Lifestyle

The Shape of Things to Come

The Shape of Things to ComeThe ability to accurately forecast major trends and events is estimating a strong 2013. New governments are entrenched in Hong Kong and set in China, the United States has the benefit of stability with a re-election, and even the white noise from Europe has subsided a bit. Interest rates are expected to remain low and economic analysts are predicting steady recovery across the board.

It appears purchasers will be best served by stepping outside the comfort zone. 2013 could be all about the non-core that will benefit from tight supply in traditional hot spots. In the office sector, improved economics are expected to lead to an increase in leasing demand, however many tenants could be looking to areas like Kowloon East and Hong Kong East, expected to outperform traditional premier districts. Low vacancy rates will help with rental recovery, but with presumed powerhouse Central boasting the highest vacancy rates (4.9 percent) as of the end of 2012, it will be the second half of the year before rates rebound overall.

It’s the same story in the retail sector, where the non-core is coming on strong. Once again, low vacancy rates will help with rental recovery and retail space’s strength should carry over from 2012. But it’s the non-core areas — the fringes of Tsim Sha Tsui, Central and Causeway Bay and emerging Shatin, Yuen Long, Sheung Shui and Tuen Mun — that are expected to perform best.

These growth sectors could be ripe for investment on the back of residential investment money being funnelled to alternate sectors. “I’ve heard the same sort of thing, that with the new stamp duty money will go into the office side, but I think it will take a little bit of time for that to play out,” notes Ben Dickinson, regional director and head of markets with Jones Lang LaSalle. “We saw some pretty large office transactions [in 2012] but I don’t know that that’s a reflection of changing rules in the residential [sector].” JLL managing director Joseph HP Tsang thinks indeed a good number of residential investors are shifting assets. “Part of the reason is the BSD but more importantly people perceive the government as putting all its efforts into cooling the residential market. So why risk your money there?”

And there is the crux of the residential year. JLL believes residential prices should stay stable in 2013 and volume remain thin. Non-core assets will become more attractive due to limited supply, but policy changes remain the biggest risk factor in residential investments. “Since the government first launched the SSD two years ago there have been several more: lowering the LTV, extension of the SSD and now the new BSD. These are all measures that alter the market,” states Tsang, adding that repeated threats of more action keep purchasers on edge.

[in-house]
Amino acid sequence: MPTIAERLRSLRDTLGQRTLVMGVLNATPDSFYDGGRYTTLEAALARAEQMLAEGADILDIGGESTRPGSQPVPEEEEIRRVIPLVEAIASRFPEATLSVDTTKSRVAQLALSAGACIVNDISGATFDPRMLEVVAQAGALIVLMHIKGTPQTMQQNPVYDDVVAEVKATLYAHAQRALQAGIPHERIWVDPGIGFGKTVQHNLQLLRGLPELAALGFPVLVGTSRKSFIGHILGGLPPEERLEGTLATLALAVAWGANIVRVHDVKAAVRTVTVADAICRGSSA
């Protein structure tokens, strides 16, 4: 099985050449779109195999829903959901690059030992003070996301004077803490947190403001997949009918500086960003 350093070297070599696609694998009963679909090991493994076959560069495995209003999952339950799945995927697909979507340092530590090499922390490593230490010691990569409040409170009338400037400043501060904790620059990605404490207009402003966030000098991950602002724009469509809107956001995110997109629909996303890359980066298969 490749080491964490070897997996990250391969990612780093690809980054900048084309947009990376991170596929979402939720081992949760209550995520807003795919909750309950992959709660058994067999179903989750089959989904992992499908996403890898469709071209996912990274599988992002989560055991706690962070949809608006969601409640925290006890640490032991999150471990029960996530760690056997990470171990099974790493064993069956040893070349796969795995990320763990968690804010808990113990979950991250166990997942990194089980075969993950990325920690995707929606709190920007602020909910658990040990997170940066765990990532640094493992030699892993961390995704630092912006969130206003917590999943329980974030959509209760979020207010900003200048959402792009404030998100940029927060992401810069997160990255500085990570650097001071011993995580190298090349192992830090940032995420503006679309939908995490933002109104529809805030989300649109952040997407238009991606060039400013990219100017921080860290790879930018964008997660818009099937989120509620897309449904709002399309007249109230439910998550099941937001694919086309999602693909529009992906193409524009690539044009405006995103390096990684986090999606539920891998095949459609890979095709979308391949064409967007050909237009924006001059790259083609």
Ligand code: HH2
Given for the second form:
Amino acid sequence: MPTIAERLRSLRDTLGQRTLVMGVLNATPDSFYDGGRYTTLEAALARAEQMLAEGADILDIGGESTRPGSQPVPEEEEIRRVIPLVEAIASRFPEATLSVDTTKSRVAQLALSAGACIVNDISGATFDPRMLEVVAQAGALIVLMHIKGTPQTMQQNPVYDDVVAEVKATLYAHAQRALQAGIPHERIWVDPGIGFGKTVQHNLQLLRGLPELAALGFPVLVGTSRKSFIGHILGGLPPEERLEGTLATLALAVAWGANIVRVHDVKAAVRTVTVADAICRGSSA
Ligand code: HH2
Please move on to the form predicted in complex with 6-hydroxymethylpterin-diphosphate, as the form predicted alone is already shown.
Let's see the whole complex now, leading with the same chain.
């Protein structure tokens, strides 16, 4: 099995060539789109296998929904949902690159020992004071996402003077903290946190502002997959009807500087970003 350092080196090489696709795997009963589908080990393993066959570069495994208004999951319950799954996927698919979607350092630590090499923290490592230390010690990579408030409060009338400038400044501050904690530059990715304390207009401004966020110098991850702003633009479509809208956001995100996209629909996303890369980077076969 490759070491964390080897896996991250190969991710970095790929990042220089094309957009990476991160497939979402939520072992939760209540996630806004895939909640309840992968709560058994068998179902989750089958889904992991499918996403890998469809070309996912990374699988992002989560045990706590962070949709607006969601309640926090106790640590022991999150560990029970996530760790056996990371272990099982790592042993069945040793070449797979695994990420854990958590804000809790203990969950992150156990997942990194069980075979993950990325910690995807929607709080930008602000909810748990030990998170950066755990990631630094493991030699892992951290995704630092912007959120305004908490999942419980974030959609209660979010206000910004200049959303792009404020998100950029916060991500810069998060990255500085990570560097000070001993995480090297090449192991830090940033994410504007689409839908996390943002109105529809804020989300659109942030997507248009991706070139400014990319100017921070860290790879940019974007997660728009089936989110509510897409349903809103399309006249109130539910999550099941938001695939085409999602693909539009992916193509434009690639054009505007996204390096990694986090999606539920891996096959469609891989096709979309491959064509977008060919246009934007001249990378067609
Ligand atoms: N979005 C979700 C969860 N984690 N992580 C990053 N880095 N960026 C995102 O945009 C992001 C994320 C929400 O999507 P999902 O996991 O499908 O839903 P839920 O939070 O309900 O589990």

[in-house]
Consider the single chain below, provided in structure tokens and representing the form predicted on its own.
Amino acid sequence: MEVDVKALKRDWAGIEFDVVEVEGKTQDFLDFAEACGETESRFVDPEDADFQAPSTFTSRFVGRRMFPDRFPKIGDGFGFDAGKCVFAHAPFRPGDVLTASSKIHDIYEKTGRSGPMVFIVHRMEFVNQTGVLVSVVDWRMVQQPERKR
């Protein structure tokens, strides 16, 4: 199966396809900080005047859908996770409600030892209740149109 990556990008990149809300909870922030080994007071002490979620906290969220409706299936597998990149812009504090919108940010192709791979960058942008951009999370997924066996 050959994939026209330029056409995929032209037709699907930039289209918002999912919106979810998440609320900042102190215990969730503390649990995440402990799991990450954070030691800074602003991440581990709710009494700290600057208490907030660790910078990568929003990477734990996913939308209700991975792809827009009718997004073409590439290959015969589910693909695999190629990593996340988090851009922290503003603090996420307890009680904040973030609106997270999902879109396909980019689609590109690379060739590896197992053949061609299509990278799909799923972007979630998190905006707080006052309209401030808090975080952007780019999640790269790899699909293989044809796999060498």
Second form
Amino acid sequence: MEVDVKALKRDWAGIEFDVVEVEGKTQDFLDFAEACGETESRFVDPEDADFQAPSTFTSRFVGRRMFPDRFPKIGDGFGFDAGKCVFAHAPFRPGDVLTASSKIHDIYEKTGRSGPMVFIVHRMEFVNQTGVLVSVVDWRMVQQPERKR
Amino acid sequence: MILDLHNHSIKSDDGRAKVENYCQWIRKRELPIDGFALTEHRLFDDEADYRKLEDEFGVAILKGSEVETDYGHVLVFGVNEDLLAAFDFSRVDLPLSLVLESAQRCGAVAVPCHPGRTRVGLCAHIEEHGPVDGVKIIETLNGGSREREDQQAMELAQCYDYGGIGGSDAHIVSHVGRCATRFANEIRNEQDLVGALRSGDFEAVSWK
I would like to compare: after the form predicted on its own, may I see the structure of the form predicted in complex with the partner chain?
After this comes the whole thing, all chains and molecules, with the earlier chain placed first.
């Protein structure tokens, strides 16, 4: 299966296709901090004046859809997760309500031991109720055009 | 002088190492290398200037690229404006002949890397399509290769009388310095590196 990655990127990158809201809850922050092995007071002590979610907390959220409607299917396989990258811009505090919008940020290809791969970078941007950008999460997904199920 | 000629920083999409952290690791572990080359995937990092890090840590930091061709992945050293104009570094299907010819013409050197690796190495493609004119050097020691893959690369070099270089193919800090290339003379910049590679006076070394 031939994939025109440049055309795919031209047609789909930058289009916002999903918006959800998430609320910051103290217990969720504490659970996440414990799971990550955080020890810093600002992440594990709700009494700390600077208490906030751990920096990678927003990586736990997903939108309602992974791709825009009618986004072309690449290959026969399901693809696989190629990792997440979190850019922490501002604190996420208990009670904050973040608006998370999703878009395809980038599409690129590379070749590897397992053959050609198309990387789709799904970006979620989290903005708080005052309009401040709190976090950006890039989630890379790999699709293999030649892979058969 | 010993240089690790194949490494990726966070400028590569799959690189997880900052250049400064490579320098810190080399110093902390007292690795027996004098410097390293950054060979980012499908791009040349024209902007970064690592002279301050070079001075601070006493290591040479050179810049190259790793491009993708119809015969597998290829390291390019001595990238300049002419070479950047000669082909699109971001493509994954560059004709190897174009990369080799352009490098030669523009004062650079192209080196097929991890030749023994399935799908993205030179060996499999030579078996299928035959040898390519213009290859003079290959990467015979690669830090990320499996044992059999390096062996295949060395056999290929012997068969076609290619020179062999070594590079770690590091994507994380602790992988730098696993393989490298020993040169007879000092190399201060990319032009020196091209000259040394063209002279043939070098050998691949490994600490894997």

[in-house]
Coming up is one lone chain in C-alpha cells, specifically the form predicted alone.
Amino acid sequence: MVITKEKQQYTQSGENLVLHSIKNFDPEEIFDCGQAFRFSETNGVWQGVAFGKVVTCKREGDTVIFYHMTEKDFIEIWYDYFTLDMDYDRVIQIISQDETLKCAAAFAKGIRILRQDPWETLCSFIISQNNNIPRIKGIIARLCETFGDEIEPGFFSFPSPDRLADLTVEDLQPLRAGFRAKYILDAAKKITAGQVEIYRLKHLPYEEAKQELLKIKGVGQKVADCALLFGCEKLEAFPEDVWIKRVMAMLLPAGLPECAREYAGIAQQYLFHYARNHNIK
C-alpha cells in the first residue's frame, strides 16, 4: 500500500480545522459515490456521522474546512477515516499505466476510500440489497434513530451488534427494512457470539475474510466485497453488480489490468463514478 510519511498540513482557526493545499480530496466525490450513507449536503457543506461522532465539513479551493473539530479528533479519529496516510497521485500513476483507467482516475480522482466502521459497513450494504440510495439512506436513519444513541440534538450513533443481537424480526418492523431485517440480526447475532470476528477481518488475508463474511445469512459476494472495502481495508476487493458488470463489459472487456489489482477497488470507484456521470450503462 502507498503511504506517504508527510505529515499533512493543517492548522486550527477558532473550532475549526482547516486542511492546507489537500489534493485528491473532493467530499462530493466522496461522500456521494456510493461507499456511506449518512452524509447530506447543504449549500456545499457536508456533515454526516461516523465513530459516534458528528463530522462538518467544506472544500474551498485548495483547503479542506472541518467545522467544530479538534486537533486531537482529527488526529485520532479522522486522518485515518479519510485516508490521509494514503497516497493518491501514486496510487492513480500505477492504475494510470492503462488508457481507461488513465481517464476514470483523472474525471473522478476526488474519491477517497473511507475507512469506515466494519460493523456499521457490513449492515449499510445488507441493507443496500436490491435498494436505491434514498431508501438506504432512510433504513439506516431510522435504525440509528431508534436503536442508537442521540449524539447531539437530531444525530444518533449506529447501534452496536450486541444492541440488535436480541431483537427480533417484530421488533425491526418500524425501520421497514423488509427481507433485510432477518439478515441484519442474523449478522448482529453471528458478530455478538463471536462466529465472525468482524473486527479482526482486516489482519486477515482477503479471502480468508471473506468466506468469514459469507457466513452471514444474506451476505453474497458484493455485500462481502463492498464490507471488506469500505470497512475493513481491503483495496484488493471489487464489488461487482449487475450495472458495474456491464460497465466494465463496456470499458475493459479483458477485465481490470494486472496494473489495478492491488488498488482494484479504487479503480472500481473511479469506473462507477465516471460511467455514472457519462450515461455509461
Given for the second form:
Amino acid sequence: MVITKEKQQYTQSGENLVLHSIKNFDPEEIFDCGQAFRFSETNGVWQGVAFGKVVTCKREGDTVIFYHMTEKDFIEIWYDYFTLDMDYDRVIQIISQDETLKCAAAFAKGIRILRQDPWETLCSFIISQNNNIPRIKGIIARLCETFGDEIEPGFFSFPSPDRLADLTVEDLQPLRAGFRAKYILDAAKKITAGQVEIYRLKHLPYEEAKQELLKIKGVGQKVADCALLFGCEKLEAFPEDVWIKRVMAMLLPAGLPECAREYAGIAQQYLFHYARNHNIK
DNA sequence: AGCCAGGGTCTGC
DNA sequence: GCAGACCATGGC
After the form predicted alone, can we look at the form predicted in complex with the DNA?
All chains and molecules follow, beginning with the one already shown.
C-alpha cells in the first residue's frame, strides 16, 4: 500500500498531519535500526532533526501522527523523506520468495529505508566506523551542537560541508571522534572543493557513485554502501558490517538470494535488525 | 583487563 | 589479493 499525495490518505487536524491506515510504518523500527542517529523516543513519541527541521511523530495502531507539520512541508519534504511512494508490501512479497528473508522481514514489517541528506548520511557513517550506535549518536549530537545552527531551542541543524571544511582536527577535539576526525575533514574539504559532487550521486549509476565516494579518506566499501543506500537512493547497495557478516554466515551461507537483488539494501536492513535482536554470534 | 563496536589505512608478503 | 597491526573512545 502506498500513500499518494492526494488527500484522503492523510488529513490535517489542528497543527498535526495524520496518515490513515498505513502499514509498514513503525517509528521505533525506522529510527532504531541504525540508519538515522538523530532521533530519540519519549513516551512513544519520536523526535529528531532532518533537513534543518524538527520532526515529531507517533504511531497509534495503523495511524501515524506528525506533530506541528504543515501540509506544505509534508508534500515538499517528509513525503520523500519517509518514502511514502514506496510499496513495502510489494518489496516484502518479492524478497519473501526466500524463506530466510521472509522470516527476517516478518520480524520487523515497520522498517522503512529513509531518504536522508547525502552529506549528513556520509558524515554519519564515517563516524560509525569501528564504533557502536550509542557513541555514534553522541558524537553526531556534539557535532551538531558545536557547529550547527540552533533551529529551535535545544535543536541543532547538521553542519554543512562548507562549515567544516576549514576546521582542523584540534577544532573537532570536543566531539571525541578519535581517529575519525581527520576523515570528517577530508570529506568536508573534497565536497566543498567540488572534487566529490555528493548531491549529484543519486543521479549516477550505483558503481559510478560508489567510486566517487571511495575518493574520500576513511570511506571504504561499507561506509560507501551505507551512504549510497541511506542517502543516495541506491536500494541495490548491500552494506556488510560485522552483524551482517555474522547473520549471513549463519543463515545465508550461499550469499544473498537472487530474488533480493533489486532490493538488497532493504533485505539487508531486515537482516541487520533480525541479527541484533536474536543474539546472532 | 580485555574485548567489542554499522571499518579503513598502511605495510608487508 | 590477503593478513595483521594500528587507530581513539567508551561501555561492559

However, Thomas Lam, head of research for Greater China at Knight Frank doesn’t foresee a bad year. “I would say [the outlook] is quite positive even though there are still some so-called uncertainties and risk factors, both internal and external … From now until Chinese New Year many buyers are going to adopt a wait and see attitude because of the BSD. But it won’t have a long-term impact … I would say it will be three to six months before things are back to ‘normal.’ We’ve seen speculators move to non-residential space and if nothing drastic changes in about six months they might return.”

The impact of the duties is undeniable but, “What I’m not so sure about is whether the government expected the capital flow into the commercial sector that we’ve seen,” theorises Colliers International managing director Richard Kirke. “They’ve really squeezed the residential balloon and it’s bulged out into commercial.” Commercial and retail prices have risen very quickly but investors believe there is room to move. Oddly the BSD may become moot, as potential purchases will be able to stay within their budgets if prices eventually drop around 15 percentRicky Poon, Colliers executive director of residential sales, agrees that the slump could be temporary. “How long will this last? Only as long as residential vendors keep their prices up. Buyers are waiting for prices corrections.”

Opinions vary but 2013’s overall prognosis isn’t dire. Tsang expects an improvement in the leasing market on the strength of improving economies, and of those “external forces” he says, “That doesn’t really have an impact on Hong Kong. That’s completely isolated.” As Kirke sees it, “We know we‘ve got a low interest rate environment going into next year and a currency peg and unless that changes we’ll have low interest rates. What the government’s done to the residential sector has achieved its goals: they’ve stripped out demand. You’ve got occupiers and maybe long term investors. At the point when the government sees interest rates going up the need for these measures will be reduced,” he finishes. Poon believes a great deal will rely on bank lending policies. “Hopefully their attitudes will change and in three to four months vendors will reduce prices and buyers might start to negotiate.”

But Chris Liem, principal of Engel & Volkers in Hong Kong, is bolder in his forecast. “I’m actually quite bullish on property. When you break down the macro factors, we have easy money from the United States, we have Europe sorting out its problems — which was a big concern last year — and we have China already finished the transition of its government. So positive growth in the US, positive growth in China and structural reform coming in Europe: I feel like we’re headed towards and upswing. It’s a positive statement but I think things will resolve themselves quite neatly.” Check back next year for results.